Gautam Dutta: Baking the advertising pie at PVR

Features
Cinemas Features

Prior to joining PVR Ltd. as chief marketing officer in May of 2006, Gautam Dutta had enjoyed a fruitful career as an advertising professional, first with Lowe Lintas and subsequently with Rediffusion Y&R, during which time he serviced the PVR account. “I was impressed by [PVR chairman and managing director] Ajay Bijli’s vision and his keen desire to build the PVR brand, hence joined him to contribute towards that endeavor,” he recalls, crediting Bijli with affording him that opportunity.

As CEO, one of Dutta’s biggest achievements was to build a performance-driven company culture through better accountability and ownership, as well as scientific and objective appraisal using human-resources information systems. These efforts led to the development and implementation of PVR’s long-term strategy in order to create shareholder value. “Besides, I have been able to motivate my team to drive various consumer-targeted innovations, focus on service orientation and processes, and impart better staff training,” he adds.

Customer-relationship management was another important area that was integrated into the operational system to better address customer issues and increase the customer-satisfaction index. Dutta also introduced the company-internal “PVR Innovation Awards,” paving the way for innovative thinking and creative problem-solving across all organizational units. “This served to bond the teams together and guide them towards the common goal.”

Dutta’s original background as a high-level advertising executive came in extremely handy in developing PVR’s advertising revenues across the circuit as well—although it’s only a small part of his manifold responsibilities. The company today commands a phenomenal 40% share of the entire Indian cinema advertising pie. “It truly is a gigantic share and I even dare say that PVR perhaps generates more advertising revenue than what the other major players bring to the table collectively,” he asserts. “Starting from what we sell, where we sell, the concept, the design team internally, and the vast magnitude of work we do with our clients to give them value, [our advertising income] is unparalleled.”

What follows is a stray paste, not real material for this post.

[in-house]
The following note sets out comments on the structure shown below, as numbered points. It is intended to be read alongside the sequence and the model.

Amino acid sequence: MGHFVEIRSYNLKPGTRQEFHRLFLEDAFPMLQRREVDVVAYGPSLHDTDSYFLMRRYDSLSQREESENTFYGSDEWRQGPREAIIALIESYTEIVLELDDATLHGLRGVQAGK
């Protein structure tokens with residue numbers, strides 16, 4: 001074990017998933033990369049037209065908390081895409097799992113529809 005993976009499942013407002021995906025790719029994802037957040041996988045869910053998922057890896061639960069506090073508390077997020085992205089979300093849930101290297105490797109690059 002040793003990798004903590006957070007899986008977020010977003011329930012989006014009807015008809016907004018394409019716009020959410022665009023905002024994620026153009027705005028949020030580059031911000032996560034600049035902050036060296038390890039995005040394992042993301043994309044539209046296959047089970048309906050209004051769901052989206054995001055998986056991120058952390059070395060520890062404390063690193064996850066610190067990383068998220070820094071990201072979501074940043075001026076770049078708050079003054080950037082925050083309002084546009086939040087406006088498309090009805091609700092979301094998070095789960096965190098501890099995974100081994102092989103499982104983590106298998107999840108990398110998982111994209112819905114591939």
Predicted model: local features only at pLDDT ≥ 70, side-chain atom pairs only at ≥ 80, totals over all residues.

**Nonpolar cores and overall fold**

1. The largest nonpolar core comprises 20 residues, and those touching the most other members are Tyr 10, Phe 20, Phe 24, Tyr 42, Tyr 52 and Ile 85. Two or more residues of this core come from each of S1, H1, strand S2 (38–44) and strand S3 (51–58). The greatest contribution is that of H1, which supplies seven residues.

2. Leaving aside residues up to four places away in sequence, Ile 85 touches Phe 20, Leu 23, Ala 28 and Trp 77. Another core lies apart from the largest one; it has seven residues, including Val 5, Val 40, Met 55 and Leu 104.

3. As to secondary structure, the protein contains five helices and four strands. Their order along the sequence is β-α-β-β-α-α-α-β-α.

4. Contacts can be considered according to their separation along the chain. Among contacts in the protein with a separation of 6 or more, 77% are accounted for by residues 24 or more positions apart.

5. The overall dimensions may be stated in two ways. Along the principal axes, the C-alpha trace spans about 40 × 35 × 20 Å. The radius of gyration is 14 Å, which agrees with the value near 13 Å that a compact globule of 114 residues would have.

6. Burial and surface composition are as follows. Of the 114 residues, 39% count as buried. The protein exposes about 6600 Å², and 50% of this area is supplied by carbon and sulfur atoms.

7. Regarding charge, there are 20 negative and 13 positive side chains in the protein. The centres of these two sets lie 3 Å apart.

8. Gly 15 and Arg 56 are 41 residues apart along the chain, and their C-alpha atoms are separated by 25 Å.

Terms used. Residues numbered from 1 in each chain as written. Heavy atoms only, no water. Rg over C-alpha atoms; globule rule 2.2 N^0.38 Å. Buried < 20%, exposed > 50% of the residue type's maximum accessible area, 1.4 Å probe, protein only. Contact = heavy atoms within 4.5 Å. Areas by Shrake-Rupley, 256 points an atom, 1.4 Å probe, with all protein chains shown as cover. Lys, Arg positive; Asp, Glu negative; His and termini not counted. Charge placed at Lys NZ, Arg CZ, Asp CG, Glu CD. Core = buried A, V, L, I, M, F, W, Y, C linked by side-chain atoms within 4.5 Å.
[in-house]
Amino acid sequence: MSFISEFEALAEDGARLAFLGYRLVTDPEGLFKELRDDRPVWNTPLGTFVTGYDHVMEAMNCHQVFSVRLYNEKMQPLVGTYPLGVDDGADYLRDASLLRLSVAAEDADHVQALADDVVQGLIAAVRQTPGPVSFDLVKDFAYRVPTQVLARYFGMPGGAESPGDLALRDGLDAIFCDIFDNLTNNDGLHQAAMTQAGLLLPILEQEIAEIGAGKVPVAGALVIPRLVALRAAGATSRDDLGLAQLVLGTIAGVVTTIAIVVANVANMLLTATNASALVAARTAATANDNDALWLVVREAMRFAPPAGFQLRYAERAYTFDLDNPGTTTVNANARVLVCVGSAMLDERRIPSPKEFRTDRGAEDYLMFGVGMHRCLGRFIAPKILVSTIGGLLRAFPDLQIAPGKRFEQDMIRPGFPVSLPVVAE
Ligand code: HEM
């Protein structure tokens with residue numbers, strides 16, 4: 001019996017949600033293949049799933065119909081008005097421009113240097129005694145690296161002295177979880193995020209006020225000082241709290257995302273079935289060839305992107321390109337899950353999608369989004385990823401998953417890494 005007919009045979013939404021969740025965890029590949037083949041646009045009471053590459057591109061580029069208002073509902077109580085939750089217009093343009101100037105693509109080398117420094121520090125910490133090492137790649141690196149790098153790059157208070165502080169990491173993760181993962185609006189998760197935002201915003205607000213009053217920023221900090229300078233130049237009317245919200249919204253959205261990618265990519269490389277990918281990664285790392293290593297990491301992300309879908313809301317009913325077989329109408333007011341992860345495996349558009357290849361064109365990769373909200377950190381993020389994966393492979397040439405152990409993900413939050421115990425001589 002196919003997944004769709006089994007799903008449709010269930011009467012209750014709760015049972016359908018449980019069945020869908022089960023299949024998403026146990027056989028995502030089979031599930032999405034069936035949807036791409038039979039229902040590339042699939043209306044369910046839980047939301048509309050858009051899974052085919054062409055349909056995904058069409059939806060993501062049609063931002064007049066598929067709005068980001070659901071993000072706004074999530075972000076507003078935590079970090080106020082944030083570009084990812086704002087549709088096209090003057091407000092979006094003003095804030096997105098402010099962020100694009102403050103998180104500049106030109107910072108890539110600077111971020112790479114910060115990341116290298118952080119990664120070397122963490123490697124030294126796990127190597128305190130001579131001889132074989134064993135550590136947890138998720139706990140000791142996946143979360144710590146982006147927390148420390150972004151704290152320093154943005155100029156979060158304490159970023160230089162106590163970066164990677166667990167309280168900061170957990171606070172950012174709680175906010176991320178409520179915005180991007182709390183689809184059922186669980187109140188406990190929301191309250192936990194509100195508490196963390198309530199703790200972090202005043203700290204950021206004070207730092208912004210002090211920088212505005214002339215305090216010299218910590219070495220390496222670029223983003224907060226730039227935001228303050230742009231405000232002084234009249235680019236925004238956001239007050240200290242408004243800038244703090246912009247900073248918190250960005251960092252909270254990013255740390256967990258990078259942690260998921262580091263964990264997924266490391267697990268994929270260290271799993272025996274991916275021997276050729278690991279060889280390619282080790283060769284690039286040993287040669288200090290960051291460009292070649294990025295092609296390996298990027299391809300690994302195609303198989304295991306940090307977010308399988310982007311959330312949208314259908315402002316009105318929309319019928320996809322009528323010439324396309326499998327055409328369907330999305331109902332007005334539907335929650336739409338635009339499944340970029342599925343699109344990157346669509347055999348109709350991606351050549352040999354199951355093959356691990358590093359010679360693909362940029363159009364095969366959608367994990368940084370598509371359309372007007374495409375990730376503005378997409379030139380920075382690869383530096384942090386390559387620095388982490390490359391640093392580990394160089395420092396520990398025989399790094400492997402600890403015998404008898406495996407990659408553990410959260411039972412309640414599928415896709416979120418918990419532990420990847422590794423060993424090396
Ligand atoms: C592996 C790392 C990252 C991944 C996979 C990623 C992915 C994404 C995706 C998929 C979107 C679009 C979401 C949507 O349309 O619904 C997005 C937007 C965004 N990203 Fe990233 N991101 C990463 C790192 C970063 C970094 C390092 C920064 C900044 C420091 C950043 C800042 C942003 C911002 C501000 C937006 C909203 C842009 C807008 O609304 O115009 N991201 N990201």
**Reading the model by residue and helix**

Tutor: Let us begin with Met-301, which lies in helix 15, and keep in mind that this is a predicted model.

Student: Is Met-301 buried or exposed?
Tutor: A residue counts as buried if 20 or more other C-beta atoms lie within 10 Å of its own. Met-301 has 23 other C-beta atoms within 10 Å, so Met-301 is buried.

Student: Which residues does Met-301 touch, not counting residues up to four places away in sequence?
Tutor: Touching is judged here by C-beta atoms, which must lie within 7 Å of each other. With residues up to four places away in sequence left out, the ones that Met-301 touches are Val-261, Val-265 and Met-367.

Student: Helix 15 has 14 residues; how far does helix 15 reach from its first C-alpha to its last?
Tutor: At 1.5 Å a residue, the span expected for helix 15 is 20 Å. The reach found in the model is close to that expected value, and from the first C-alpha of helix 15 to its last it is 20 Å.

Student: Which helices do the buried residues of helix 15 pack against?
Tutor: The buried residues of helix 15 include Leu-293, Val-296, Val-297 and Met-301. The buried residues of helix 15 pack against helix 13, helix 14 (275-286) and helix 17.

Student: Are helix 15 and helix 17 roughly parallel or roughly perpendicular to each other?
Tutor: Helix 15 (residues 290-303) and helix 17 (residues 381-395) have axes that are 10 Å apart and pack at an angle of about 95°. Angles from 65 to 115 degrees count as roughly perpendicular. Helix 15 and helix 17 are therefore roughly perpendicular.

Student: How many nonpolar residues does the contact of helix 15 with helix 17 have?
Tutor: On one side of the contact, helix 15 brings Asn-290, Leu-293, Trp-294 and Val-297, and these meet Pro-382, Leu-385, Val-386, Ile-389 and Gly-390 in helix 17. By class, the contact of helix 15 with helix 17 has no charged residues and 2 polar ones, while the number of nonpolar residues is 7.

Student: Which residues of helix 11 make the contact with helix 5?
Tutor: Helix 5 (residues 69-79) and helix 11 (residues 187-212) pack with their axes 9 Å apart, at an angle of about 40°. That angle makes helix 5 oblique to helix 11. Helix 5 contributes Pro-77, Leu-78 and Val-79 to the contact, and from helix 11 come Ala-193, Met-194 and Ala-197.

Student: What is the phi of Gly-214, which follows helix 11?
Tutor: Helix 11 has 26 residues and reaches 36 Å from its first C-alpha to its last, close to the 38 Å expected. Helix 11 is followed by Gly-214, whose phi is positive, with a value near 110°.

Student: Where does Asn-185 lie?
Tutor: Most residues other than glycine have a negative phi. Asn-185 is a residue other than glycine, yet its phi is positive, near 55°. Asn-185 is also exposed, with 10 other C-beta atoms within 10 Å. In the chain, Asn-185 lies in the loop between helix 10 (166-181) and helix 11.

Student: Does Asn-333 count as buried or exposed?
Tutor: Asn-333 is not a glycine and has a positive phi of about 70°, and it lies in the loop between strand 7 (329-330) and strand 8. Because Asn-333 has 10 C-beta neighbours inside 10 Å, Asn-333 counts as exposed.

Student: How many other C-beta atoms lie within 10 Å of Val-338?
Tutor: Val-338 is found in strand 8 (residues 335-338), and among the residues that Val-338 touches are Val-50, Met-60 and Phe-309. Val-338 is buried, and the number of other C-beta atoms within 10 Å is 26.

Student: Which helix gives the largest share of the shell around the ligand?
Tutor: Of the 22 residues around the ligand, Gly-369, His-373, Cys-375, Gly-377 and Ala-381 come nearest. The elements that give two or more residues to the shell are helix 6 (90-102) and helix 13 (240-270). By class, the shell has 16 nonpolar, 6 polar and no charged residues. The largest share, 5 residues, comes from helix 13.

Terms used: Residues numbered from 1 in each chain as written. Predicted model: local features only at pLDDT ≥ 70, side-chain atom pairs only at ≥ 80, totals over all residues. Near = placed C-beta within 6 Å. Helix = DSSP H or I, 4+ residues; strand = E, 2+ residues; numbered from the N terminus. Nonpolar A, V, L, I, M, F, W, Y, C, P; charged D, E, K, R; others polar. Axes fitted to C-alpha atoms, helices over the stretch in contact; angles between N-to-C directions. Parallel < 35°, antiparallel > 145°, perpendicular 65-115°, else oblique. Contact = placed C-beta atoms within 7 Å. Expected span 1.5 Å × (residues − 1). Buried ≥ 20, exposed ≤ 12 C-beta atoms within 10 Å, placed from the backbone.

He observes that in other industries the relationship between brands and consumers is becoming more and more transactional due to a lack of human connections with the customer, which results in brand erosion over time. “Cinema, on the other hand, has all the numbers, the profile, the environment and offers a complete engagement of the senses. Depending on the message and its manner of presentation, cinema advertising can hugely support and at times completely eclipse the primary media,” Dutta explains.

All a marketer needs to do is think and design communication that takes advantage of PVR's unique capabilities as a 360-degree medium covering onscreen and off-screen advertising. “Basically, this medium can help [an advertising client] amplify any USP [unique selling proposition] of a product or service.”

But not everything goes in Indian cinemas in terms of advertising. All onscreen ads need to be approved by the Central Board of Film Certification (CBFC), a statutory censorship and classification body under the Ministry of Information and Broadcasting. Then, like other countries around the world, India likewise has a self-regulatory organization for advertising content, the Advertising Standards Council of India (ASCI), which maintains and enhances the public's confidence in advertising.

“Their mandate is that all advertising material must be truthful, legal and honest, decent and not objectify women, safe for consumers—especially children—and, last but not least, fair to competitors,” Dutta elaborates. Additionally, India’s Cigarettes and Other Tobacco Products Act enforces a total ban on tobacco advertising, including alternative products like e-cigarettes. Instead, theatres are mandated by the government to screen anti-smoking ads to discourage people from picking up the habit. Direct advertising of alcoholic beverages is banned, too, but cinemas are permitted to screen surrogate advertising.

“The award is testimony of PVR delivering excellence in all facets of the cinema exhibition industry in India and [the company’s] aspiration to become the preferred out-of-home entertainment destination by living up to the growing expectations of the consumer.”—Gautam Dutta